This is what the Cluster setup was meant to fix for us not only by providing us with a hell of a lot more power for us to make use of but to also make the concept of increasing that power whenever needed that much easier. Instead of trying to eek out every last drop of performance from the servers with config/ini tweaks we could simply buy a new server, tack it on to our cluster and hey presto, we just increased the power available to us by X amount, quickly, easily, efficiently, freeing up time for us to work on making the sites better, rather than simply making the sites work.
I’ve been on the lookout for someone who knows what they’re doing to help us out with our cluster setup. Unfortunately the MySQL Cluster experts, certified in the job, cost an astronomical amount of money to hire on. I got quoted $200/hour from 3 separate companies. If you consider it takes around 12 hours to import our forum database in to the cluster, that’s $2,400 just to do that one simple task. I imagine it’ll need at least 50-60 hours spent on it, and $10,000 is quite an expense. Even then there’s no guarantee it will be completed within that timeframe and I can’t write a blank cheque. The cluster is our salvation and our future, we just need it to work!
Today Skyrim Nexus was absolutely awful, 502 and 504 errors galore. The reason? One of our software licenses decided to think it had expired, when it hadn’t (due to expire in 2014) and brought down the server with it. cpnginx, take a bow, you’re freaking badly made! We’ve got that fixed again and now we’re diagnosing yet another issue.
Our database isn’t the only thing that has grown in size over the past 2 years; the number of people using the Nexus Mod Manager has as well. We’ve just passed the 2 million unique users mark for NMM, and, similar to issues we had 6 months or so back, we’re having to tweak things again to be able to cope with the demand. We’ve actually turned off the NMM web services this evening to run some tests. Getting a “file does not exist” or “server unreachable” error when trying to download through NMM? Sorry, that’s us. Also, sorry we can’t give you a better error message than “file does not exist” when, actually, it does exist, the services are just down. That’s just stupid. I’ll get that put in to the next version of NMM so that when we take down the services for whatever reason you’re informed properly instead of thinking something is actually broken and come to the forums looking for blood. We’ve found that turning off the NMM services makes Skyrim Nexus more than good to browse; I was able to click through 20 search result pages in a minute, a freaking enigma in this Nexus day and age. If we turn the services back on everything slows down to a crawl again. Safe to say NMM is causing problems for the sites, so we’ll be looking into that as soon as possible as well. I’m going to leave the NMM services off until we go to sleep tonight in a couple of hours time. Browse Skyrim Nexus, isn’t it better? Isn’t it MUCH BETTER? That’s what we want it to be like all the time.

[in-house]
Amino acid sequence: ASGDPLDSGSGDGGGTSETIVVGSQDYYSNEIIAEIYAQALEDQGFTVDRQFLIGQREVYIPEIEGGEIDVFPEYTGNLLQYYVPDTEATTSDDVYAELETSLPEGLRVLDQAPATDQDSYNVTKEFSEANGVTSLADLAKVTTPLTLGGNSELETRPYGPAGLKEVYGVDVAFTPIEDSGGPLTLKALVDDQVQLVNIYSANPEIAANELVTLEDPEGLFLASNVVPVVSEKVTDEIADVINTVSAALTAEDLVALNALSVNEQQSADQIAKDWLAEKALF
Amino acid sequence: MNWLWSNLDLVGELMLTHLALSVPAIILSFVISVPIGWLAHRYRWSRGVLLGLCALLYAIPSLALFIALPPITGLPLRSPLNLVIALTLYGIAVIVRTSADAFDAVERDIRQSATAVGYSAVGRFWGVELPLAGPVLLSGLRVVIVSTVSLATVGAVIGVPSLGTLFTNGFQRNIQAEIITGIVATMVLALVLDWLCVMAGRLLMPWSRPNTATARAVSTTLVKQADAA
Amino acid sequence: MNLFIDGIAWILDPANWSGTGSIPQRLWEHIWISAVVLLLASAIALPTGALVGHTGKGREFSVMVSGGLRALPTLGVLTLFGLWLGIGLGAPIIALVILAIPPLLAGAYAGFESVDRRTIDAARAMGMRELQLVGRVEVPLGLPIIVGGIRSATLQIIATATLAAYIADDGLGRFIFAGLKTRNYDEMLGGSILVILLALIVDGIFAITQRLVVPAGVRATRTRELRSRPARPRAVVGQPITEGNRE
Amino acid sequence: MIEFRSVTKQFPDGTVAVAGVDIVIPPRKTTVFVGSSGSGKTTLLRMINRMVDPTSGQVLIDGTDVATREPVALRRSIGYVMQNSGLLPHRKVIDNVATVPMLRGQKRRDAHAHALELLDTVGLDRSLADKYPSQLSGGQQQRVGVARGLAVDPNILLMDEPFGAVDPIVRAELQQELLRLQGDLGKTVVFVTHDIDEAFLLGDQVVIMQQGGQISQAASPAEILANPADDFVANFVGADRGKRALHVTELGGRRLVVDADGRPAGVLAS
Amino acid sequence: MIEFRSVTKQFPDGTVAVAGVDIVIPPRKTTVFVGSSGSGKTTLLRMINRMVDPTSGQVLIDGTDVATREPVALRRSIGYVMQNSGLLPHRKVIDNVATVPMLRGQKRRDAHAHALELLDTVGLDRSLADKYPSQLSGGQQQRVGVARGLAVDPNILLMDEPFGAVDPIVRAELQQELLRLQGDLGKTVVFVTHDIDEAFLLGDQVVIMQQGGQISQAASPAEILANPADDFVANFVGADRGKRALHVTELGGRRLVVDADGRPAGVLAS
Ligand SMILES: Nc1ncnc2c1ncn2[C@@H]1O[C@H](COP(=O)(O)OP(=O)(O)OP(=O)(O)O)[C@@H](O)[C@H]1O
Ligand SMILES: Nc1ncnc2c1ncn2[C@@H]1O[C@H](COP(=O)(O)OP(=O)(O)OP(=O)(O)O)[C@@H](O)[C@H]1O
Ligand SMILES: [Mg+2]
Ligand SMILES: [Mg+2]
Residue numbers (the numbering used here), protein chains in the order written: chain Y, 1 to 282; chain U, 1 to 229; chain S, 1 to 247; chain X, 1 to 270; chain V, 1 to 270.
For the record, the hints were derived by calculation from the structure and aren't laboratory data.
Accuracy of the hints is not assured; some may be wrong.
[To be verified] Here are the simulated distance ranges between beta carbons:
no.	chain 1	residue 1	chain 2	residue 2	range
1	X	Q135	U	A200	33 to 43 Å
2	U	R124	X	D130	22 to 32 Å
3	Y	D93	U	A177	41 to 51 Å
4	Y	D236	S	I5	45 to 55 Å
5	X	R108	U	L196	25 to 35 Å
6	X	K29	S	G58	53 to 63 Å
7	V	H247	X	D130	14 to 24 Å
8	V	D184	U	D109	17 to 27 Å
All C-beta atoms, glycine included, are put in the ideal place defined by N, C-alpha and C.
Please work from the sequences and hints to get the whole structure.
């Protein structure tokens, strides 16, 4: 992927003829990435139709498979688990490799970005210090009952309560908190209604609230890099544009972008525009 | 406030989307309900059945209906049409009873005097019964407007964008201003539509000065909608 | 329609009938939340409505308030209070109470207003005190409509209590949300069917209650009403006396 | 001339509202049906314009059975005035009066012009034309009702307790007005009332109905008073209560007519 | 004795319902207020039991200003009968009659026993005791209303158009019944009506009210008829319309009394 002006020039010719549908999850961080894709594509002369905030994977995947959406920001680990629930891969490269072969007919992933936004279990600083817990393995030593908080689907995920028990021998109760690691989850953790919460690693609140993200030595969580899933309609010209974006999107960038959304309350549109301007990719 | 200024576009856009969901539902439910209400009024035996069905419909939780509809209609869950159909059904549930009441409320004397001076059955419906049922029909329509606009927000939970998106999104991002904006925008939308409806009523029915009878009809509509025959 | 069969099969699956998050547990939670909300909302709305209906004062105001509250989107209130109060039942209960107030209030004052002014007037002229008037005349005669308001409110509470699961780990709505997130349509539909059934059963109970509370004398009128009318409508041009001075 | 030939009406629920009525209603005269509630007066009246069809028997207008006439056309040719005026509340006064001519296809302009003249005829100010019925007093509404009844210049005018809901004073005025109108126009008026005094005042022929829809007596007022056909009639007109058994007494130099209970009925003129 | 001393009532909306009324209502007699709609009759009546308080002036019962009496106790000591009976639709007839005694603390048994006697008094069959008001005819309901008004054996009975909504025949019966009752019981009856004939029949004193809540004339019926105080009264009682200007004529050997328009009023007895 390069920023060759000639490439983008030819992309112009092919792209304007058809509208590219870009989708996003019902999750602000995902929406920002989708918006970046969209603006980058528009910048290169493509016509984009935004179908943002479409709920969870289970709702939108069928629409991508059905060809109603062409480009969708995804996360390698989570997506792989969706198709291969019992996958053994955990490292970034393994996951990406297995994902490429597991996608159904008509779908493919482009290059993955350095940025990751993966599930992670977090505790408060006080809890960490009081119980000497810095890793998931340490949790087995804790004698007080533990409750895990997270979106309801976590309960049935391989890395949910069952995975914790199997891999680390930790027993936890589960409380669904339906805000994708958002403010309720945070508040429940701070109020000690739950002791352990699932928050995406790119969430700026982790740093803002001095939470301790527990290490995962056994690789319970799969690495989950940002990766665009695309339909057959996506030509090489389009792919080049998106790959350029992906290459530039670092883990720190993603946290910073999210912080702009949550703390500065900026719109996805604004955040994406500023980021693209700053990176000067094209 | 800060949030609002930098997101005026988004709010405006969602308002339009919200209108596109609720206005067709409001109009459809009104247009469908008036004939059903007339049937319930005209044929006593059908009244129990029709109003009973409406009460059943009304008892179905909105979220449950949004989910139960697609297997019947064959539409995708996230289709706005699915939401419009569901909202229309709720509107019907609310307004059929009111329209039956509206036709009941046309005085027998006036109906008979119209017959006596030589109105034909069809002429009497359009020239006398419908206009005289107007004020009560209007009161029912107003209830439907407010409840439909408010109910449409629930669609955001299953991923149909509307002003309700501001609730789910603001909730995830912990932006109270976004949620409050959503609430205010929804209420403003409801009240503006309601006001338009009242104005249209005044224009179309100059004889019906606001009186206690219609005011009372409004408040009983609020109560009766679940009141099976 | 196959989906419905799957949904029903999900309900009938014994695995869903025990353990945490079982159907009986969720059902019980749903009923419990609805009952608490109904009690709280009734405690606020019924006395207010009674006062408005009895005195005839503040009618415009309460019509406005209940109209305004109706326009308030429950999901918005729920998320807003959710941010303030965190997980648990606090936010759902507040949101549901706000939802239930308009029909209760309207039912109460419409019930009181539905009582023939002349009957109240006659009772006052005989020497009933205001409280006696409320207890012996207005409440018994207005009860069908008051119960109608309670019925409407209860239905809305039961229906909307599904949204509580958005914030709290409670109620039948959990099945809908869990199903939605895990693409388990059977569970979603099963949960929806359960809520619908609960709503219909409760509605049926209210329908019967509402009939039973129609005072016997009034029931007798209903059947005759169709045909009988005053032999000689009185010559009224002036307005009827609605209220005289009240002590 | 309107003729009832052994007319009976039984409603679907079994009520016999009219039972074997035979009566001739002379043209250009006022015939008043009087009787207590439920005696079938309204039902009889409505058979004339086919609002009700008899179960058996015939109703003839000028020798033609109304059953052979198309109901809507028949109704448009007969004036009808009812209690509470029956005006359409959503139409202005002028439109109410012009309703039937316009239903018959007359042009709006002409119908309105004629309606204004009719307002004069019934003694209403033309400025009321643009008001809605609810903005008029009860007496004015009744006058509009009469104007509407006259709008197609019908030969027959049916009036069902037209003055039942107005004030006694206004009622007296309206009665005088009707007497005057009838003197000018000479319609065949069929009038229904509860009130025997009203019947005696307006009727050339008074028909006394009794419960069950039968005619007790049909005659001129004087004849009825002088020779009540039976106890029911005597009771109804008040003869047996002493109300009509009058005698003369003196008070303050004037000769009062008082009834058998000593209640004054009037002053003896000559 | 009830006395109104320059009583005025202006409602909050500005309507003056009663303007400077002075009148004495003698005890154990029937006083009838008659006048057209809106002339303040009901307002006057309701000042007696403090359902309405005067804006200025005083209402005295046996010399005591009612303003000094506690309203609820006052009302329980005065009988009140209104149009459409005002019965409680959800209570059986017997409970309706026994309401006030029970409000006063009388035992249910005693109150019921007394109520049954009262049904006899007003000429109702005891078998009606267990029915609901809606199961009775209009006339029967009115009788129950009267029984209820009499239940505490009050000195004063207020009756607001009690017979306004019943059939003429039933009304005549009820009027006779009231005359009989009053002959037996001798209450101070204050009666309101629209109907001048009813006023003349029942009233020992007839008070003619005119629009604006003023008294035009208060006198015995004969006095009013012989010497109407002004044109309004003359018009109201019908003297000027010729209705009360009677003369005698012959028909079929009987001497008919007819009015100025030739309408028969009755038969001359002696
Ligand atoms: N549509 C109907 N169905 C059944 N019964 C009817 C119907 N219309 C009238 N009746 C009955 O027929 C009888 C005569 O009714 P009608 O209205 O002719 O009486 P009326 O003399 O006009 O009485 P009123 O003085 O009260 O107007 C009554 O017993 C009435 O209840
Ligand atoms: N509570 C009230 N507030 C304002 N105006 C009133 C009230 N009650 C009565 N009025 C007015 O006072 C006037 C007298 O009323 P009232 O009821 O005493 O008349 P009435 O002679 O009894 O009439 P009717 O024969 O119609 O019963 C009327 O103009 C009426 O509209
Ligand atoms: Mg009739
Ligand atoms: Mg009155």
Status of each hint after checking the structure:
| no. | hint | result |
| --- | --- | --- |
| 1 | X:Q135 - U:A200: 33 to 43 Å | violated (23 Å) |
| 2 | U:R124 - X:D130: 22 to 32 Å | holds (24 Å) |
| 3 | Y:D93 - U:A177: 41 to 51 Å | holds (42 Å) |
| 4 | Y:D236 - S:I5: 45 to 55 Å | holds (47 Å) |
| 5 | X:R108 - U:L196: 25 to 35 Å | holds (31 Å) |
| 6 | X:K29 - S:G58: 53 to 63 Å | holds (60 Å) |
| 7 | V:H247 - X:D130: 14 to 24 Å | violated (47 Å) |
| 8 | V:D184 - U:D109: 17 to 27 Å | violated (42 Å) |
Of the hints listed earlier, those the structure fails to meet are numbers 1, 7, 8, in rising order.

And finally I received some “good news” last week, depending on how you want to view it. When our file servers were hacked a few months ago and some downloads were serving malware instead of mods we put in extensive work to not only “harden” the servers but add a ridiculous amount of monitoring to the servers. If you so much as look at our servers in a funny way we’ll be notified about everything we can possibly know about you. NSA, eat your heart out. A couple of weeks ago we were made aware of some breaches to two of our servers again. We were notified automatically and immediately about the breach and took the servers down within 5 minutes of finding out. We spent a ridiculous amount of time trying to work out how the hacker(s) had gained access to our servers. When we exhausted every option we got in contact with the provider for the servers. Turns out we wasted about 100 hours of our time as the breach was in their systems, and not ours. I cannot tell you much about the topic as it’s under investigation with the FBI, but the attack is thought to originate from the Ukraine and it was specifically targeted at the Nexus and one other site/network at the provider. This, frankly, was a relief for us. Not because we were hacked, of course, but because it wasn’t “our fault”. There was nothing we could have done, or added to the servers, to prevent this attack other than not use this ISP altogether. This ISP has been good to us over many years, we had no reason to doubt their competence and they are a major international player on the world stage. The fact the hacks came through this ISP have meant we can sit back and let them stretch the full force of their contacts at the FBI and local crime authorities, rather than us trying to flex our petty influence. This tells me a couple of things: (1) these people targeted us specifically but (2) they couldn’t hack our servers, so they instead hacked our ISP instead to get to us (3) we know when something bad has happened and can act very quickly to prevent anything reaching you (4) our ISP acts fast to rectify the problem on their end. It’s not exactly a happy story, but it was a relief for me at least.